Pinch perfect

The touch-screen is a capacitive display, the kind used on the iPhone and HTC Desire, instead of the cheaper, less attractive resistive kind of screens found elsewhere. It has multi-touch capabilities so you can zoom in with the pinching movement familiar to iPhone users. It’s pretty responsive, too.

The camera is disappointing, though it is the first underwhelming feature here. At just two megapixels, the resolution is preposterously low. Still, at least there’s an LED flash. Other hardware details include a proper 3.5mm headphone jack (hurrah) so you can attach your favourite cans, and Palm’s trademark hardware ringer switch. Since way before the iPhone, Palm phones have had a solid switch to mute phone calls – a simple and highly effective way to make sure your phone doesn’t ring at just the wrong moment. Palm also had threaded text messages before other phones, too.

The processor is a reasonably speedy 600MHz Qualcomm processor and while this is no competition for the 1GHz chips found in many of the latest smartphones, it all tips along happily enough. You’re never left feeling things need to be quicker.

Of course, there’s also Bluetooth, Wi-Fi and fast 3G data traffic over the air: it’s capable of downloads at up to 7.2Mbps if you can find the transmitters to match.

Mediocre snapper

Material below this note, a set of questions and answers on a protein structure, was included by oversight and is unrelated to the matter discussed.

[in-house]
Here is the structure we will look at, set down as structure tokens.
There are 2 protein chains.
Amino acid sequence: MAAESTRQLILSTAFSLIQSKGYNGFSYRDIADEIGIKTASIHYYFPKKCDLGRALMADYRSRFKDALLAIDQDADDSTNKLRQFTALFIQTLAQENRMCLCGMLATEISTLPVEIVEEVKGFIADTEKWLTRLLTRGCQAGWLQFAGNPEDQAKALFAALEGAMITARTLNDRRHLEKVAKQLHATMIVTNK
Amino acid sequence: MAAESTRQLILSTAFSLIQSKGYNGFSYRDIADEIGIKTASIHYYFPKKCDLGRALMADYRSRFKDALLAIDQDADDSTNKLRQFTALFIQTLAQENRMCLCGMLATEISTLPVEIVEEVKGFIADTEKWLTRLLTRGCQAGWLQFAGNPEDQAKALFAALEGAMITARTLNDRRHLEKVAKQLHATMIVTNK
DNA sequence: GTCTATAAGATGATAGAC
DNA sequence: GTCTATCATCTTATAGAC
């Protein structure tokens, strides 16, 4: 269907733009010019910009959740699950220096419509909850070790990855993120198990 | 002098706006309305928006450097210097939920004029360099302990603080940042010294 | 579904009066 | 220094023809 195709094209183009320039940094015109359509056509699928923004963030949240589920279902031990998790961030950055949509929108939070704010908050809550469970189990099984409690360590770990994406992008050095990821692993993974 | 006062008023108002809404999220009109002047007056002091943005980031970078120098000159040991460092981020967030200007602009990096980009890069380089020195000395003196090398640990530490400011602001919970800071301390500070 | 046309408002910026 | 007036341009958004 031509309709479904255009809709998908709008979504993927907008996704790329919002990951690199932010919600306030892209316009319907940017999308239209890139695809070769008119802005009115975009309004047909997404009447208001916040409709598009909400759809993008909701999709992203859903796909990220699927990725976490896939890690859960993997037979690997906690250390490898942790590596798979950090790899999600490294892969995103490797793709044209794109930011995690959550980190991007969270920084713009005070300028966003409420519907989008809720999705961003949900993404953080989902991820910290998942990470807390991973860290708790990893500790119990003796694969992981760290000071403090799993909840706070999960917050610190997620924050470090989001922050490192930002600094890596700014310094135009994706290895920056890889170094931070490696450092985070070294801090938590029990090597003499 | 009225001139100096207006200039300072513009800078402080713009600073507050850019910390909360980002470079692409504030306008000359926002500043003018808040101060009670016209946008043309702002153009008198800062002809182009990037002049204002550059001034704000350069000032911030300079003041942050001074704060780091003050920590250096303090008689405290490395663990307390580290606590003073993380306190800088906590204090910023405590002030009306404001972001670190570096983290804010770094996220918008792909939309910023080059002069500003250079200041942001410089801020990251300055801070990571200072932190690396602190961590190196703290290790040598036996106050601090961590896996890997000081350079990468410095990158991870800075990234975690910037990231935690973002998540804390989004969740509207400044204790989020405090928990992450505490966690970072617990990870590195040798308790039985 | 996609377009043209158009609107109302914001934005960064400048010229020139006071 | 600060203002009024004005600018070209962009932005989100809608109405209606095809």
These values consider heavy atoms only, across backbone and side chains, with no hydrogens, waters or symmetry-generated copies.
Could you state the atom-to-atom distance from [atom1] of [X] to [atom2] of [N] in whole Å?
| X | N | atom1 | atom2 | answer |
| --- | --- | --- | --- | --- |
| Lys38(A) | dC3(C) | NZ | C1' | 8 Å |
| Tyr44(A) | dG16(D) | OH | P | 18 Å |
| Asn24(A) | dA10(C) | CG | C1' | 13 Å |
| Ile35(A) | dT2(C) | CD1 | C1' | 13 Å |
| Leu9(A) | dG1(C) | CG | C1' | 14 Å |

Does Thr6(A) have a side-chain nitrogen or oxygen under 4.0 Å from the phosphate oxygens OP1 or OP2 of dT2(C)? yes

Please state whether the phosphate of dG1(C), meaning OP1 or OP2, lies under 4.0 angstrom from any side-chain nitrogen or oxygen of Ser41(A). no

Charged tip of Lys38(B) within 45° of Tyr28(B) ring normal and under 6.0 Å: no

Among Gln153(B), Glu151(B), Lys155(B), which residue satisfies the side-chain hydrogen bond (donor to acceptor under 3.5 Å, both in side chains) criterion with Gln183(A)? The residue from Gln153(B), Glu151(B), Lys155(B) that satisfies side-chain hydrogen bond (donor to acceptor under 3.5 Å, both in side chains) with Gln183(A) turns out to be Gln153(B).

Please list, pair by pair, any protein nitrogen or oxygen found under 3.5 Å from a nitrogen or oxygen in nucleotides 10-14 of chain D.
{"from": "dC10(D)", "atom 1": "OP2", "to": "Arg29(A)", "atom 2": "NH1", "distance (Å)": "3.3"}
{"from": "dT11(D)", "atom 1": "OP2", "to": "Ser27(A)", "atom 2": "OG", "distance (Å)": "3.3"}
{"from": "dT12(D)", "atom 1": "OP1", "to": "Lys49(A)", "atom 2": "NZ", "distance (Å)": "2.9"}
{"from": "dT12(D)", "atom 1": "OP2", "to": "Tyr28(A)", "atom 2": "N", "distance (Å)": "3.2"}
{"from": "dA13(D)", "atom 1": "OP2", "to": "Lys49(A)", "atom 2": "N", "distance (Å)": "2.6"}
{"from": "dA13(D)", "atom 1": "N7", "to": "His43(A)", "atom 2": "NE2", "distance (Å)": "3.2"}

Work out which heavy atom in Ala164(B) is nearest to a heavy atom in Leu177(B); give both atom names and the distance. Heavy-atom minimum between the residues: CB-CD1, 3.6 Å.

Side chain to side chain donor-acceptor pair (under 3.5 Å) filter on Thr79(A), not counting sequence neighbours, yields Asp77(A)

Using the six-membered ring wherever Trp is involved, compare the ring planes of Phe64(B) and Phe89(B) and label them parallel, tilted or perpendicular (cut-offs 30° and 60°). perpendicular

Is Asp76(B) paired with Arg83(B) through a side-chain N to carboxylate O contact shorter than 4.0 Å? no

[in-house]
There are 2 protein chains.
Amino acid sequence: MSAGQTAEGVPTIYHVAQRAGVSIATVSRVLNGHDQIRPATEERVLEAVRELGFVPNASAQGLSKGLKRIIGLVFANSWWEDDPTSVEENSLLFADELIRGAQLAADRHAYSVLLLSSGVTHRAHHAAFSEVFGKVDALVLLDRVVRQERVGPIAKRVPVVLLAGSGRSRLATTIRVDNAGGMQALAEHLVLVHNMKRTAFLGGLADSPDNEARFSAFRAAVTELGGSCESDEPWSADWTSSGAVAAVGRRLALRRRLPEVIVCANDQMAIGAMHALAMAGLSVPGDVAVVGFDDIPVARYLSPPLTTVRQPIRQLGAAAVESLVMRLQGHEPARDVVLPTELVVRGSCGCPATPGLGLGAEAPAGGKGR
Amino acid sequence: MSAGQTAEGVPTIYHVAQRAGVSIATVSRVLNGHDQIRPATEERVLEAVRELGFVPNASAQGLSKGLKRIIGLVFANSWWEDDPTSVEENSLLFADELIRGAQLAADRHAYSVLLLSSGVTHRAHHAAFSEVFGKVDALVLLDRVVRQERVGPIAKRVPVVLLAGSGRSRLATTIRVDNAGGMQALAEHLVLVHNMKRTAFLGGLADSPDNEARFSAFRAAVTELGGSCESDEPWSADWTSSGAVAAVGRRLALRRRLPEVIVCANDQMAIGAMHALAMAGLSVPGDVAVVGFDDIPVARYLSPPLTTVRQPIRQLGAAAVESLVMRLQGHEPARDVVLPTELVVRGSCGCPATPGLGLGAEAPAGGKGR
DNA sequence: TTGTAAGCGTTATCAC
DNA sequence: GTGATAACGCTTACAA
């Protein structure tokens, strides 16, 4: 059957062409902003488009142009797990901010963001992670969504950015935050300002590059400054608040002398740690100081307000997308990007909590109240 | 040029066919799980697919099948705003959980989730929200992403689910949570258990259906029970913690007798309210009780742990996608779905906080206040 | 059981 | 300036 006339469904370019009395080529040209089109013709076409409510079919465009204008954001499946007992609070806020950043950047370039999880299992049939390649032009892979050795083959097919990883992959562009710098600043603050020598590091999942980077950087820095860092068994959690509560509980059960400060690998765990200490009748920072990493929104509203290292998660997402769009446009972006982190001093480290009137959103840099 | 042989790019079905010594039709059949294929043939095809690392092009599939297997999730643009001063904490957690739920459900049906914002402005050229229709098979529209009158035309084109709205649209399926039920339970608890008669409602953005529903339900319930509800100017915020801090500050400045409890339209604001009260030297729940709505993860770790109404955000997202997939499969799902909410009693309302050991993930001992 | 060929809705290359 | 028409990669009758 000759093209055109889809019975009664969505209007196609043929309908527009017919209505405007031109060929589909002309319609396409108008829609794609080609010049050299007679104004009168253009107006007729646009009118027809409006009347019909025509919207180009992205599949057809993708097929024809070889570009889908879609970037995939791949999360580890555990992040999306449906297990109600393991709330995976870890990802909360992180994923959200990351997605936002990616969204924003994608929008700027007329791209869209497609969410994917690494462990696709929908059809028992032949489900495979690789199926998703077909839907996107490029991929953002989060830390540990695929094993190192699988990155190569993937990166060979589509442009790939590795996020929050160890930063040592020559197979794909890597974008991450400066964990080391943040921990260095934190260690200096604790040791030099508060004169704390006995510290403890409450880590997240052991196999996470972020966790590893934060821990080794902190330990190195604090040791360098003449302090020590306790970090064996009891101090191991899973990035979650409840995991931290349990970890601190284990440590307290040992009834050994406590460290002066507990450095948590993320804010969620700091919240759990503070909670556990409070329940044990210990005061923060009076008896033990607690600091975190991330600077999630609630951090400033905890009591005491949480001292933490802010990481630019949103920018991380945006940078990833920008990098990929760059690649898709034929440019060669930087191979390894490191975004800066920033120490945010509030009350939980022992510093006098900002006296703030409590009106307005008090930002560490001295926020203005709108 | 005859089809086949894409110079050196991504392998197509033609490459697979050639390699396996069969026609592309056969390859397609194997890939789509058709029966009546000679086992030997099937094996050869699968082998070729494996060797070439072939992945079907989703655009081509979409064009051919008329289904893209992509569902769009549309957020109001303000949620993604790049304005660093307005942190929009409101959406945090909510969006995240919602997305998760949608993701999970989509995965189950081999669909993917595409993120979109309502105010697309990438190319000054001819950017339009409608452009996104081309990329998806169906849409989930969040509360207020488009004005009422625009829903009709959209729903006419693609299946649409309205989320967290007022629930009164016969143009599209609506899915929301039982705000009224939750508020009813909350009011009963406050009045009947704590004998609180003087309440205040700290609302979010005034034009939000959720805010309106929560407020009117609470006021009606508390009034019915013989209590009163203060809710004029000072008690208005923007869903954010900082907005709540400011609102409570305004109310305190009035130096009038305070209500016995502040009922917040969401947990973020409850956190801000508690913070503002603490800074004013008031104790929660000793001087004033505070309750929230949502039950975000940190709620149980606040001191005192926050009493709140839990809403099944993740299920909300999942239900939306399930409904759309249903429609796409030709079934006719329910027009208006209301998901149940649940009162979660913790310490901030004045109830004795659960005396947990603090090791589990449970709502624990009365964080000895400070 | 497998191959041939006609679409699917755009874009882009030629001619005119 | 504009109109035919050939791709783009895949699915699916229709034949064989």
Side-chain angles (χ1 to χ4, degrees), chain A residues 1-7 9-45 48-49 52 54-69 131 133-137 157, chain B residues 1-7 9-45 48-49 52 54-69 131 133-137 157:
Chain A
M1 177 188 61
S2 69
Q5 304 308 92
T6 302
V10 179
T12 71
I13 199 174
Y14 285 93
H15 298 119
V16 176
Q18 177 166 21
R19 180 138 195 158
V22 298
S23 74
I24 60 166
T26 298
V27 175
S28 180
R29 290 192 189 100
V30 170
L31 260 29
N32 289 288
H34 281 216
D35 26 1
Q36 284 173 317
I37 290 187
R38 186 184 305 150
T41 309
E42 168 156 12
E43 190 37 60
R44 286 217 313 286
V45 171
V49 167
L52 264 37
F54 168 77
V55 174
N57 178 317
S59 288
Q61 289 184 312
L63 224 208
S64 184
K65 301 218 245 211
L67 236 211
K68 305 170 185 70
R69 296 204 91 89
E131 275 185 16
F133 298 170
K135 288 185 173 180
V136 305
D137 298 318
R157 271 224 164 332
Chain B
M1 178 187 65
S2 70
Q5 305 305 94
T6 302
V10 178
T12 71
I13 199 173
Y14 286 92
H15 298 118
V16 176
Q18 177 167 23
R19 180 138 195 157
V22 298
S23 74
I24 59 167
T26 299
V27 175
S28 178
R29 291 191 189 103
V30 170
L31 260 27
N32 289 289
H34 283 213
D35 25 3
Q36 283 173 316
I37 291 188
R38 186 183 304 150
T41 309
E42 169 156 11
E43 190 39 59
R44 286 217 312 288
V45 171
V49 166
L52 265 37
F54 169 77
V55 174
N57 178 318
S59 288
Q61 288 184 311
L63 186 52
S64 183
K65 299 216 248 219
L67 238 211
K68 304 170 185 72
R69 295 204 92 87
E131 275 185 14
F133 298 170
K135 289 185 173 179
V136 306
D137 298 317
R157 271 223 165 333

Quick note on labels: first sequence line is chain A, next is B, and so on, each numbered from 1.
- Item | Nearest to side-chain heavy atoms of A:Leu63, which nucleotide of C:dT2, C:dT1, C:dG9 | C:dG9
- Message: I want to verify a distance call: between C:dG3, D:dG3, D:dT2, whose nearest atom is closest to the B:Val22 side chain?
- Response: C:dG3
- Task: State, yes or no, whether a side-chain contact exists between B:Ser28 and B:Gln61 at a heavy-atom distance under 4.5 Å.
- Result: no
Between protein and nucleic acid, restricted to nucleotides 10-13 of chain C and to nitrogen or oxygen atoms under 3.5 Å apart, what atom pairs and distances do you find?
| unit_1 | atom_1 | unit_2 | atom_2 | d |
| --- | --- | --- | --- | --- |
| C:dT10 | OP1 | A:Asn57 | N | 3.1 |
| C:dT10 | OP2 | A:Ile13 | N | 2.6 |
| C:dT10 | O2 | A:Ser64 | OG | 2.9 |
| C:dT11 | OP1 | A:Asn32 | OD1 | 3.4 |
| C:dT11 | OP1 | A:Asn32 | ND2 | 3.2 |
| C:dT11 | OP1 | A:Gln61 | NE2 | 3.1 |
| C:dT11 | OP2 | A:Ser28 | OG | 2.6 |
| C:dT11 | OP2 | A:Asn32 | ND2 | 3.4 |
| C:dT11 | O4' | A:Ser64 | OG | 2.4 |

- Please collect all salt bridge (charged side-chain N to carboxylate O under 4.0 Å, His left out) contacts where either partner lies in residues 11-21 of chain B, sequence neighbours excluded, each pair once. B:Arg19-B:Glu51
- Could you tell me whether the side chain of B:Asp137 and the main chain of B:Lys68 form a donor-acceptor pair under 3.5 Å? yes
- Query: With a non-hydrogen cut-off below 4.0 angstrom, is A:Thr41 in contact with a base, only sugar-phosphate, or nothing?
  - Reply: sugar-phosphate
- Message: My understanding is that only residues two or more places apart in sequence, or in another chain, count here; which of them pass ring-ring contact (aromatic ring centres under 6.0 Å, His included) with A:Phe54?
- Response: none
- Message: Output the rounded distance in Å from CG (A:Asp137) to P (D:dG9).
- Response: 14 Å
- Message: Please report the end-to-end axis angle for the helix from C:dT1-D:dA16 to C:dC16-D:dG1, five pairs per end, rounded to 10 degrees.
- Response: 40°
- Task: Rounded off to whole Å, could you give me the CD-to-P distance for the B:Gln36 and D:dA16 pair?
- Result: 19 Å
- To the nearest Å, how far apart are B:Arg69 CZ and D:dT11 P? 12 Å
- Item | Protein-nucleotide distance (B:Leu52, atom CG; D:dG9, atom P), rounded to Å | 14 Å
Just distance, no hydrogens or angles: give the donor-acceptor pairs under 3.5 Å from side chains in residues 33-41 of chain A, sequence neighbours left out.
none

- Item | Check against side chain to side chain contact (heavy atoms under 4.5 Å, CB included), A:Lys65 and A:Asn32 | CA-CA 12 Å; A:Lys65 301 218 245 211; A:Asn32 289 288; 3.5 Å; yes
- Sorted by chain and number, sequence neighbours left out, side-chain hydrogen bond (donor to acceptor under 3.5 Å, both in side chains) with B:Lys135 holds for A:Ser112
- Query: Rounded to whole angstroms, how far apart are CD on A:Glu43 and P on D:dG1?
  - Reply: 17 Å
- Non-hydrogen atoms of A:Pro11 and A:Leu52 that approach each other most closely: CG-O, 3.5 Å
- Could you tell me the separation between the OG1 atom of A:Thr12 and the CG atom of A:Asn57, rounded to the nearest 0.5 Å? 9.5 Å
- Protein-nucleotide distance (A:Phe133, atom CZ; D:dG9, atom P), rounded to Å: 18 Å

There’s one other disappointment and it’s a bigger one than the mediocre snapper. Smartphones need apps and Palm doesn’t have them in any great number. The total apps are still fewer than 2,000. Palm says that will change as developers learn how to switch apps from one platform to another more easily. And to be fair, there are big names like Electronic Arts and GameLoft who have apps for Palm already, but it’s not quite enough. The store, called the App Catalog, is neatly designed and easy to navigate but it’s not well-stocked.

It’s a shame because this is a tremendous phone with a spectacular operating system and appealing hardware. If you aren’t worried about apps, then this is sparkling, fun to use and highly desirable. If you can’t live without endless games and flatulence simulators, or if the phone’s photographic chops are crucial to you, the Pixi Plus isn’t the phone to suit.

Call quality on the Pixi Plus is strong, and no, it doesn’t make any difference how you grip the phone. While it doesn’t have the massive speaker on the back some earlier Palm handsets sported, it sounds good and works well. Battery life is modest, in terms of smartphones, so you will need to charge it every day to feel sure.

Like the Palm Pre and Palm Pre Plus, you can opt for a special back to the phone that will wirelessly charge the handset when placed on the Touchstone magnetic charging block. The special back now comes as standard on the Pre Plus, but Pixi-lovers need to buy it separately, like the Touchstone itself. The flap on the phone’s side that hides the micro USB connection fits so perfectly it can be hard to peel back, so the Touchstone is not only cool, but practical, too. In fact, that’s a good description for the Pixi Plus, as well.

Conclusion

If you want a smartphone that is as simple and intuitive to use as the iPhone, in a smaller frame and at a lower price, the Pixi Plus is hard to beat. If you want shedloads of apps and a high-resolution camera, you’ll have to look elsewhere.